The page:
For each approach, the splines fitted to were integrated to obtain the log-evidence for models M1 and M2, and the log-ratio of the two models’ evidences for the model switch TI. The rolling means of the integral over 1500 iterations for referenced TI and PP100 for M2 are shown in Fig 3A. We can see from the plot, that referenced TI presents favourable convergence to the exact value, whereas PP100 oscillates around it. Fig 3B shows the distribution of log-evidence for the same model generated by 15 runs of the three algorithms: Laplace approximation with sampled covariance matrix, referenced TI and PP100. Similar figures for model M1 are given in the S2 Appendix. Although all three methods resulted in a log-evidence satisfactorily close to the exact solution, referenced TI was the most accurate and importantly, converged fastest (308 MCMC draws compared to 55,000 draws needed for the power posterior method to achieve standard error of 0.5%, excluding burn-in, see S2 Appendix).

Fig 3. The estimated log-evidence of M2 from the Radiata Pine benchmark problem.

The log-evidence of M2 from the Radiata Pine benchmark problem is shown estimated using three approaches. (A) shows the rolling mean of log-evidence of M2 over 1500 iterations per λ obtained by referenced TI (blue line) and PP100 (orange line) methods. The exact value is shown with red dashed line. (B) shows the mean log-evidence of the model M2 evaluated over 15 runs of the three algorithms. The exact value of the log-evidence is shown with the dotted line.

Model selection for the COVID-19 epidemic in South Korea

The final example of using referenced TI for calculating model evidence is fitting a renewal model to COVID-19 case data from South Korea. The data were obtained from The model is based on a statistical representation of a stochastic branching process whose expectation mechanistically follows a renewal-type equation. Its derivation and details are explained in [39] and a short explanation of the model is provided in the S2 Appendix. Briefly, the model is fitted to the time-series case data and estimates a number of parameters, including serial interval and the effective reproduction number, Rt. The number of cases for each day are modelled by a negative binomial likelihood, with location parameter estimated by a renewal equation. Three modifications of the original model are tested here:

  • variation of the infection generation interval for values GI = 5, 6, 7, 8, 9, 10, 20—where GI denotes the mean of Rayleigh-distributed generation interval,
  • changing the order of the autoregressive model for the reproduction number, for AR(k) with k = 2, 3, 4 lags,
  • varying the length of the sliding window for estimating the reproduction number for values in W = 1, 2, 3, 4, 7 days.

Within each group of models, GI, AR and W, we want to select the best model through the highest evidence method. The dimension of each model was dependent on the modifications applied, but in all the cases the normalising constant was a 40- to 200-dimensional integral. The log-evidence of each model was calculated using the Laplace approximation with a sampled covariance matrix, and then correction to the estimate was obtained using referenced TI method. Values of the log-evidence for each model calculated by both Laplace and referenced TI methods are given in Table 1. Interestingly, the favoured model in each group, that is the model with the highest log-evidence, was different when the evidence was evaluated using the Laplace approximation than when it was evaluated with referenced TI. For example, using the Laplace method, sliding window of length 7 was incorrectly identified as the best model, whereas with referenced TI window of length 2 was chosen to be the best among the tested sliding windows models, which agrees with the previous studies of the window-length selection in H1N1 influenza and SARS outbreaks [40]. This exposes how essential it is to accurately determine the evidence, even good approximations can result in misleading results. Bayes factors for all model pairs are shown in the S2 Appendix.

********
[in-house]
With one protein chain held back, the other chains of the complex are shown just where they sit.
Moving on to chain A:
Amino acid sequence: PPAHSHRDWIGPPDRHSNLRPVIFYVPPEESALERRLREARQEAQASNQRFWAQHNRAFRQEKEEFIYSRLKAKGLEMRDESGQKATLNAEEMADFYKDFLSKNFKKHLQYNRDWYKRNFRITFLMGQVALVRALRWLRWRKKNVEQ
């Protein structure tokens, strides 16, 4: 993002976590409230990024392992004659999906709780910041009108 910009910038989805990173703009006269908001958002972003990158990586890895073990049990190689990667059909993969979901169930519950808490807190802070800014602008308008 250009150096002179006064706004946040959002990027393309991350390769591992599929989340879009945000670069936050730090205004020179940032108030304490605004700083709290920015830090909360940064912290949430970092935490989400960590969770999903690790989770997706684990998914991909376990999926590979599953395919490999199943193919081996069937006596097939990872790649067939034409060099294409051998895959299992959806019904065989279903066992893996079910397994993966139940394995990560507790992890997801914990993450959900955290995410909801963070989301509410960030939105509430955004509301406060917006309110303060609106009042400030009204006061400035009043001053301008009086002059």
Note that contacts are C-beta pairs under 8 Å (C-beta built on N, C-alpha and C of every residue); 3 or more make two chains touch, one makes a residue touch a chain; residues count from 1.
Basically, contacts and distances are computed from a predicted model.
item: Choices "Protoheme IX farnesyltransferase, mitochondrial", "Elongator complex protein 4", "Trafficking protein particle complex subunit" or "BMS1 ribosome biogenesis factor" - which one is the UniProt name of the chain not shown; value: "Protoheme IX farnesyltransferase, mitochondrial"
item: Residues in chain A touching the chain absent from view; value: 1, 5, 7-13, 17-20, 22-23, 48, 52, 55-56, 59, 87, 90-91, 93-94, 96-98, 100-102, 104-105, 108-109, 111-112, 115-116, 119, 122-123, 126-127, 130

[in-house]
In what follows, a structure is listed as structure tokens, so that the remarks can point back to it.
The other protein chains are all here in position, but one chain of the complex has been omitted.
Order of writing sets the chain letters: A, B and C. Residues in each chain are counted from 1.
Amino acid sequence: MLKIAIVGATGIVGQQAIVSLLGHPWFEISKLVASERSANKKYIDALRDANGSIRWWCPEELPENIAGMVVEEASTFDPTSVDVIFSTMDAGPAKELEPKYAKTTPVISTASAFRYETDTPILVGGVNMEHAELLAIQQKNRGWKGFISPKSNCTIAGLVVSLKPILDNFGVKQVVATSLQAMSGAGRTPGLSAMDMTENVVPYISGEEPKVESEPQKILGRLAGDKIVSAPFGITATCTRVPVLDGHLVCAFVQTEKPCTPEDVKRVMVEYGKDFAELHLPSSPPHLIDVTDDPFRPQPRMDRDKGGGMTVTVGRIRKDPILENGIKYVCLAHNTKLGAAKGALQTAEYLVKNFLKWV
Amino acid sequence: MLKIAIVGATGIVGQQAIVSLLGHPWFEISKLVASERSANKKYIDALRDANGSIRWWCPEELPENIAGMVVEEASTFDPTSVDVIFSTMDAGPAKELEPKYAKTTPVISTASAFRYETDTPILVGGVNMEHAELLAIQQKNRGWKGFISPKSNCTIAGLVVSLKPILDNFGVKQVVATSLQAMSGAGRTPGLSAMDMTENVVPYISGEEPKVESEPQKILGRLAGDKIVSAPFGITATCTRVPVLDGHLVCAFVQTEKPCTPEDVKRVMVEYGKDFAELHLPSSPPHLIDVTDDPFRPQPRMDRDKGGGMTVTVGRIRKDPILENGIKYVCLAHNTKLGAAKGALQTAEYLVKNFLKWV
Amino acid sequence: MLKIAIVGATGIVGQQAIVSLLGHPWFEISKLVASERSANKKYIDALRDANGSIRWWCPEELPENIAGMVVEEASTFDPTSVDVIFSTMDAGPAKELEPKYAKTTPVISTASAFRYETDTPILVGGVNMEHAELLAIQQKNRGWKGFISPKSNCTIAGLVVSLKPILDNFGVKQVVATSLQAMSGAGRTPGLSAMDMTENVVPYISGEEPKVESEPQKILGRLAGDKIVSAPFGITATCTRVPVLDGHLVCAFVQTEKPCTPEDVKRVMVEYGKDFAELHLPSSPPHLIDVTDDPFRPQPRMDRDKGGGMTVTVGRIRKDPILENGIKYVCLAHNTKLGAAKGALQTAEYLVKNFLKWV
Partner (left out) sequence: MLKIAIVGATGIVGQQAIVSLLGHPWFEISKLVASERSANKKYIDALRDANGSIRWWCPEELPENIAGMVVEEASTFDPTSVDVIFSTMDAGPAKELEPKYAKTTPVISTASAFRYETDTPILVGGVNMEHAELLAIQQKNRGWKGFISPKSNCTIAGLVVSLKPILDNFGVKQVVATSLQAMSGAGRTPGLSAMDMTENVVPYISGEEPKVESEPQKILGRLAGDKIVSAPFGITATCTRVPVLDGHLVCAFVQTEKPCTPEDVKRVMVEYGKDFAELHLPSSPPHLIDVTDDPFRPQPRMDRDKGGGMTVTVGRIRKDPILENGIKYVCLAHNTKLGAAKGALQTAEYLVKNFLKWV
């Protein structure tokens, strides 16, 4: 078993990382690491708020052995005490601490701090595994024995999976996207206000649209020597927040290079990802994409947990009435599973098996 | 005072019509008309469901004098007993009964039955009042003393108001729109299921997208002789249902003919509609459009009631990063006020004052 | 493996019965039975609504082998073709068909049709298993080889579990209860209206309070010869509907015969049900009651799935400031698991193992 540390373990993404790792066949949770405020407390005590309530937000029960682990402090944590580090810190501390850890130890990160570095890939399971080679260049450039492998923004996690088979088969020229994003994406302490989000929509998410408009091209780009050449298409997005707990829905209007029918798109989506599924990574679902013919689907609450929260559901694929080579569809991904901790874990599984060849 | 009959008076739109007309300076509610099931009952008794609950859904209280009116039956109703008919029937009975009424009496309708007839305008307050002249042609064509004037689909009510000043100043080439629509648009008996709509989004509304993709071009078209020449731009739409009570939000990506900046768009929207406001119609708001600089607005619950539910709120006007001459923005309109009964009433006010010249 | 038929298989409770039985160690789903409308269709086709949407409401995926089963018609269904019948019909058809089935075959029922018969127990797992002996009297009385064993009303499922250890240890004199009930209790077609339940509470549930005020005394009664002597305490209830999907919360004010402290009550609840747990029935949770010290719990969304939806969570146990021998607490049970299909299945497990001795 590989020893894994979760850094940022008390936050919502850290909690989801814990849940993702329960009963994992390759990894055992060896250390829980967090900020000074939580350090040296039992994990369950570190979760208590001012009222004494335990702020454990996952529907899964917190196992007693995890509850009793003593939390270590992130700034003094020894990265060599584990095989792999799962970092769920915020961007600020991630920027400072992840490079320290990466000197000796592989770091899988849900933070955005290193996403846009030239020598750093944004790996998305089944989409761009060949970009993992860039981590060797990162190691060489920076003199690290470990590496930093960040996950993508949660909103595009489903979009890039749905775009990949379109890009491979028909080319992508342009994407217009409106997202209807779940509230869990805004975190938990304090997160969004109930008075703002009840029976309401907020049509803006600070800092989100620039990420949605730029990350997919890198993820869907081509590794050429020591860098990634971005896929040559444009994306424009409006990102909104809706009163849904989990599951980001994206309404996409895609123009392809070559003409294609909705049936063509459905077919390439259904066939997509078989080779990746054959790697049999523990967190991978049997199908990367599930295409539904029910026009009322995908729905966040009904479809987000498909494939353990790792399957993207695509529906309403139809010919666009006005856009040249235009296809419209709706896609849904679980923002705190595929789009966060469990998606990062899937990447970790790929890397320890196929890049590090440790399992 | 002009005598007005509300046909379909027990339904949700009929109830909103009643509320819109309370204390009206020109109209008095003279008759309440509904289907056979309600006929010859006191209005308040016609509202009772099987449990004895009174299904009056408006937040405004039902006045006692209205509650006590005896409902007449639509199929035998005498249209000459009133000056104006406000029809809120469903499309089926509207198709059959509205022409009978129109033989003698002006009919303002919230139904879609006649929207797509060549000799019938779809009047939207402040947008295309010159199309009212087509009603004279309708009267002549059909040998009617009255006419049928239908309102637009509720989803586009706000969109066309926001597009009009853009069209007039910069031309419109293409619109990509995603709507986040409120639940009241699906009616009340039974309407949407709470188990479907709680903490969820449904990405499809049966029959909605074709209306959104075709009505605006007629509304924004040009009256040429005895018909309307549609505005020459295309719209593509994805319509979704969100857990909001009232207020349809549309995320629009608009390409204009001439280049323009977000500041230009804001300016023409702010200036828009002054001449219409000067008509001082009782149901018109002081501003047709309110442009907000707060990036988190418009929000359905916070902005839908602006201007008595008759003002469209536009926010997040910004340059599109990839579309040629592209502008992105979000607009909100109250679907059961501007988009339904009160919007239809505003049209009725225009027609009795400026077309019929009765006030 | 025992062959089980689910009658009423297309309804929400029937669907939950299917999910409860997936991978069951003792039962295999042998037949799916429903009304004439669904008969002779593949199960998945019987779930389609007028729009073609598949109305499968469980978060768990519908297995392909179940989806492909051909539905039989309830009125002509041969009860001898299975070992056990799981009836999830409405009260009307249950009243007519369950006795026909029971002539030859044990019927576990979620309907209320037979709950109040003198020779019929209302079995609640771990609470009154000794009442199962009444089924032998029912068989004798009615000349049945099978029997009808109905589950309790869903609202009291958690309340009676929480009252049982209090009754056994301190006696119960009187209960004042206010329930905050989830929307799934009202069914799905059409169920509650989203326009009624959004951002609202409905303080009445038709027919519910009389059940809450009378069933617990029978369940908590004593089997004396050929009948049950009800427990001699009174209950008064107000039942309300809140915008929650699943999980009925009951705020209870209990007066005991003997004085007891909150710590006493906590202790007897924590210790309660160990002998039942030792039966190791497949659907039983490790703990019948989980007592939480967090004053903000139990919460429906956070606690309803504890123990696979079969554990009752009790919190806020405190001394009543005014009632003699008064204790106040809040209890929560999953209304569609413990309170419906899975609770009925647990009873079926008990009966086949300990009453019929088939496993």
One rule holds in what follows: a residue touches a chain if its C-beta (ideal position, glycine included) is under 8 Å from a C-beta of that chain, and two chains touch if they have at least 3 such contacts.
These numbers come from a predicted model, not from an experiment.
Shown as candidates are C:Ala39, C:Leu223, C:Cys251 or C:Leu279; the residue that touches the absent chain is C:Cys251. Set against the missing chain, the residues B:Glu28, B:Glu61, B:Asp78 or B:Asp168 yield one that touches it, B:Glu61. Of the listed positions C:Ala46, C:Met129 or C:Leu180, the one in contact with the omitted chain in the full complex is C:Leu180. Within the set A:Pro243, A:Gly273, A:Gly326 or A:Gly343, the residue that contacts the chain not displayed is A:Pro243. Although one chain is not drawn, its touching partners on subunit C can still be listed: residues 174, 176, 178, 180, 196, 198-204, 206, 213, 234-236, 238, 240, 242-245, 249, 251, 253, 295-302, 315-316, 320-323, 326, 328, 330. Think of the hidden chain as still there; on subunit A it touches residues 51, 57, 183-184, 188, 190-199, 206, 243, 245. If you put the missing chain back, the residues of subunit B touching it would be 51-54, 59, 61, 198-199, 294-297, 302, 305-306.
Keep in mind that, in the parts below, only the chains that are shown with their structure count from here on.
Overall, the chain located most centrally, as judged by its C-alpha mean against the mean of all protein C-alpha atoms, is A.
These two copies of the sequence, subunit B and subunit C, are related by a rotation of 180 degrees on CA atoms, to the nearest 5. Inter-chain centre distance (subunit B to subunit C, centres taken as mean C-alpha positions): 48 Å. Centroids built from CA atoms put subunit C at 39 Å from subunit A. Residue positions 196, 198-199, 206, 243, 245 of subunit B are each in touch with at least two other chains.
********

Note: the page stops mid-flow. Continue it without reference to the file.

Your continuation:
Table 1. Log-evidence estimated by Laplace and referenced TI approximations.

In each section, model with the highest log-evidence estimated by Laplace or referenced TI method is indicated in bold. The credible intervals for log-evidence comes from calculating the quantiles of the integral from Eq 2, where the integral values were obtained from the spline interpolated using running means of the expecations per λ over all iterations.

Interpretation of the COVID-19 model selection

The importance of performing model selection in a rigorous way is clear from Fig 4, where the generated Rt time-series are plotted for the models favoured by Laplace and referenced TI methods (additional posterior densities are shown in the S2 Appendix. The differences in the Rt time-series show the pitfalls of selecting an incorrect model. The differences between the two favoured models were most extreme for the GI = 8 and GI = 20 models. While a GI = 8 is plausible, even likely for COVID-19, GI = 20 is implausible given observed data [41]. This is further supported by observing that for GI = 20, favoured by the Laplace method, Rt reached the value of over 125 in the first peak—around 100 more than for the GI = 8. The second peak was also largely overestimated, where Rt reached a value of 75.